Make a note of this prefix because you’ll need it for Step 6!

Step 6: Because you already have content in your WordPress site but are now using a subdomain to serve your static content, you’ll need to update the database table in order to instruct WordPress of this change.

Now, the change you need to make is using a tool called phpMyAdmin, which is located in your cPanel. phpMyAdmin is a great tool but can be dangerous if used inappropriately. It’s important you follow the instructions below carefully so you don’t damage your WordPress Site by mistake.

First, take a backup of your website. It’s always important to make a backup of your site before making changes to the database in WordPress. You can use your preferred method for this, such as using Softaculous or JetBackups.

After you’ve made your backup, return to the browser with the File Manager Editor open. If you’ve taken note of your Database Table Prefix as mentioned above, you can close the editor by clicking the Close button in the top right corner. This will return you to the File Manager. You can also close this tab in your browser.

Now, you should have your cPanel open. Navigate to the Databases area and click the phpMyAdmin option to open the application.

Your phpMyAdmin should look something like this when opened:

Let’s examine the layout of this real quick. On the left side, we have a list of your databases. If you expand the dateabase by clicking the + next to it, you can see a list of all the tables in the database.

Since you have content in your database, as you have existing posts and pages, we will be modifying the posts table, which is prefixed for my installation by wpbn_.

The prefix of your database will 100% be different than mine. Mine was randomly named as part of the Softaculous installation process. This is why it was important to notate your database prefix earlier while you had your wp-config file opened. However, you can also get the prefix by opening phpMyAdmin, as you see.

Next, we need to run a command inside of phpMyAdmin. However, we need to select the table in which we want to run this command first. To do that, click the _posts table with your mouse.

Your phpMyAdmin will open the _posts table. You can tell you have your posts table open because at the top of phpMyAdmin, it will indicate to you the Database and Table you’re presently using:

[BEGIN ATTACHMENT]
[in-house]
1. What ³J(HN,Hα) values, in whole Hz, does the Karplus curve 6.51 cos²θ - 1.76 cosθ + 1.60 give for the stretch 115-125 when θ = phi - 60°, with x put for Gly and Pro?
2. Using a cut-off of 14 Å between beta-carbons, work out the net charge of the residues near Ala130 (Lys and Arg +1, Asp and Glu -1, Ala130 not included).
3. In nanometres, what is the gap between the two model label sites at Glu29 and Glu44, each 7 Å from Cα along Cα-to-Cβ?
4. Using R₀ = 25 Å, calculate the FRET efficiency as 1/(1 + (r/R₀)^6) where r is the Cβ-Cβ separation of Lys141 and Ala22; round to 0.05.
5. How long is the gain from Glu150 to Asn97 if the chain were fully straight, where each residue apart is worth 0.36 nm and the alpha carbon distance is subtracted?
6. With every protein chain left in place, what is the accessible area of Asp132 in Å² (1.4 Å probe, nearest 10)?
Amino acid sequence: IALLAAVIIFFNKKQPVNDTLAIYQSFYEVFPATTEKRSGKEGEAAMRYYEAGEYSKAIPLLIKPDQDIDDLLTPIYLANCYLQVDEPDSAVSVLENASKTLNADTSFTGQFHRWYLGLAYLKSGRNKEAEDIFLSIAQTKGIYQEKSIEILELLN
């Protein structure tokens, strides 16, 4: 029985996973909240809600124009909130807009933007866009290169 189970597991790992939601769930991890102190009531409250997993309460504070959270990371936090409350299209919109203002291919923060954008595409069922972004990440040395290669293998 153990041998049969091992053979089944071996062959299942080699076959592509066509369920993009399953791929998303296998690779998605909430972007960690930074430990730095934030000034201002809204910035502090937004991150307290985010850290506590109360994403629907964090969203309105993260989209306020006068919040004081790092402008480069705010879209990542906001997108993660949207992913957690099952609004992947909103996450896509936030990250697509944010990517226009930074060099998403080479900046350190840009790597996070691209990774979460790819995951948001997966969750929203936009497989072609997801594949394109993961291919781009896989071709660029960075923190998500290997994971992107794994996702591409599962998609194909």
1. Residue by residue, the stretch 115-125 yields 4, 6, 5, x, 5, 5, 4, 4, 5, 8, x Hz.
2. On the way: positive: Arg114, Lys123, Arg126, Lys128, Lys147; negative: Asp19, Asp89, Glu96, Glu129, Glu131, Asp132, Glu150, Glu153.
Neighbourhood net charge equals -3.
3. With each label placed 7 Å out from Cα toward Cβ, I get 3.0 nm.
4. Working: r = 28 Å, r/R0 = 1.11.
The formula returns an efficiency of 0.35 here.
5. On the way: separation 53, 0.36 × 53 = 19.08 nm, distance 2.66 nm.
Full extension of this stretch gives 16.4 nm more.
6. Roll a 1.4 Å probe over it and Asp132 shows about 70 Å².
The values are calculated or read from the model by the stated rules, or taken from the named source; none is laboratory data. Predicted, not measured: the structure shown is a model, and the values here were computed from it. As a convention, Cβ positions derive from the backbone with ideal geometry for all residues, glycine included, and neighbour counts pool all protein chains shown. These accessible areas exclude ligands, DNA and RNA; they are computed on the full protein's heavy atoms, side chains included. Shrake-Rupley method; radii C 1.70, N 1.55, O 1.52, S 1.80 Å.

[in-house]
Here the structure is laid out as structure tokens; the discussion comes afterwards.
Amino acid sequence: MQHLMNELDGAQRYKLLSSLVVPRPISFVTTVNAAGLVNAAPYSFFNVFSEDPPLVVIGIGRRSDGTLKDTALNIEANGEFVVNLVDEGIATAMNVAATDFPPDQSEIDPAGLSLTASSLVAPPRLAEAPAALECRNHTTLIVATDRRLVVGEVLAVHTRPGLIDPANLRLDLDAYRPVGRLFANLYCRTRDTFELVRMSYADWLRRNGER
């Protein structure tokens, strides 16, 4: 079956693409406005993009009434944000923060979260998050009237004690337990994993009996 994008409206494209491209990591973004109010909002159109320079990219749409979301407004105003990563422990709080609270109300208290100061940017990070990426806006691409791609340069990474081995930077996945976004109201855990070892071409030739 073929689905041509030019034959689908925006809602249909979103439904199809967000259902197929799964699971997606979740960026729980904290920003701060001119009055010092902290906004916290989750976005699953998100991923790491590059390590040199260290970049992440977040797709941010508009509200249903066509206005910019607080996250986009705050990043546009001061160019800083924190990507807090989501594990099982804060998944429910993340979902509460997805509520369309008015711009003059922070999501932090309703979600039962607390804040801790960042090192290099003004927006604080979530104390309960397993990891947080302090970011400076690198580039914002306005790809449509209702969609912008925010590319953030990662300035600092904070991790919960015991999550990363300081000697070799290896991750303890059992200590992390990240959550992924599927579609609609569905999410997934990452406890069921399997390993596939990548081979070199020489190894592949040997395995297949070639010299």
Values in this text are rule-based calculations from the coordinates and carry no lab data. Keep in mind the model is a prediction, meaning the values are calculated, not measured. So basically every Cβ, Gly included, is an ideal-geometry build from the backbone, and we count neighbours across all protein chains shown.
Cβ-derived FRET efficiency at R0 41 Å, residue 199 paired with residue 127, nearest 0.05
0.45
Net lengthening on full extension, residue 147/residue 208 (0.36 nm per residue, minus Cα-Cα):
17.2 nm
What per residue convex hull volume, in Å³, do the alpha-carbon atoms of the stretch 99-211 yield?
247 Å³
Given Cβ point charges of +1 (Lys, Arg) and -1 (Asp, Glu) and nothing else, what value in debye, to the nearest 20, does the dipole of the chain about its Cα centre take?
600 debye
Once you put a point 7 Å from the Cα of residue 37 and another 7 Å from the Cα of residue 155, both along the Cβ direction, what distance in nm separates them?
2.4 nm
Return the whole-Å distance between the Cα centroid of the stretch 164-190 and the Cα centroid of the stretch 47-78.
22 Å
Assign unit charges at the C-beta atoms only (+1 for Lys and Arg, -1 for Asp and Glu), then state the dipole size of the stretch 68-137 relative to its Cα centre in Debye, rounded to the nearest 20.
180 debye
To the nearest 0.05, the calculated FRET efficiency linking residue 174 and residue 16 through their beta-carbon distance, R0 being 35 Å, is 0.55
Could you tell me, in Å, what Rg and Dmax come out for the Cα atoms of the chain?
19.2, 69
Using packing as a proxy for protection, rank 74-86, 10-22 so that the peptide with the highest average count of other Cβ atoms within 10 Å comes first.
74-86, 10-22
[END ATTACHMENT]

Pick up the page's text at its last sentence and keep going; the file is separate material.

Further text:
Also, on the left, you will see a grey-selection covering the table you’re editing!

Next, click the SQL tab at the top of the page.

When the page opens, you may see some text in the text box, just like in the image above. Simply click into this text box, and using the backspace key on your keyboard, delete the text until there’s nothing there except the 1 to the left of the text box.

We need to paste a command that instructs WordPress that you’ve decided to use a subdomain for all of your static content. This command is below:

  1. UPDATE wp_posts SET post_content = REPLACE(post_content,'www.yourwebsite.com/wp-content/','static.yourwebsite.com/')

Since you’ll need to customize this command a bit, let’s break down what this command does.

UPDATE wp_posts tells phpMyAdmin we are executing a UPDATE command on the table called wp_posts

SET post_content = REPLACE (post_content,’www.yourwebsite.com/wp-content’,’static.yourwebsite.com/’) tells phpMyAdmin we are making changes to the row post_content and the change we are making is changing the URL.

It is VERY important you update the command with the corresponding table prefix from your phpMyAdmin. For example, to run this command on my WordPress installation, the command would look like this:

  1. UPDATE wpbn_posts SET post_content = REPLACE(post_content,'www.cchostingdemos.com/wp-content/','static.cchostingdemos.com/')

When pasted into phpMyAdmin, it looks like this:

After pasting your query into the box (modified with your table prefix and domain name) you can simulate the query by clicking the Simulate Query button in the bottom right. This will present to you simulated results to ensure the query runs without issue. Or, if you’re ready to execute the command, just click Go.

Your phpMyAdmin page will look similar to the one below:

Pro-Tip:

If you experience an error, check your SQL query (the line of code you pasted in with your table prefix and domain name) and ensure everything matches and you have no extra spaces at the end or in-between the command. If you still have troubles, let our Happiness Engineers know by coming into live chat or opening a ticket from your Lab, and we can help get you sorted! 

Once the command has run successfully, that’s all you need to do! Your database will be updated to serve static content from your new static subdomain and your site should appear to be noticeably faster!

We hope you enjoyed this KB article. If you did, you’ll enjoy our hosting even more! Check out our WordPress hosting plans today!

Updated on January 6, 2021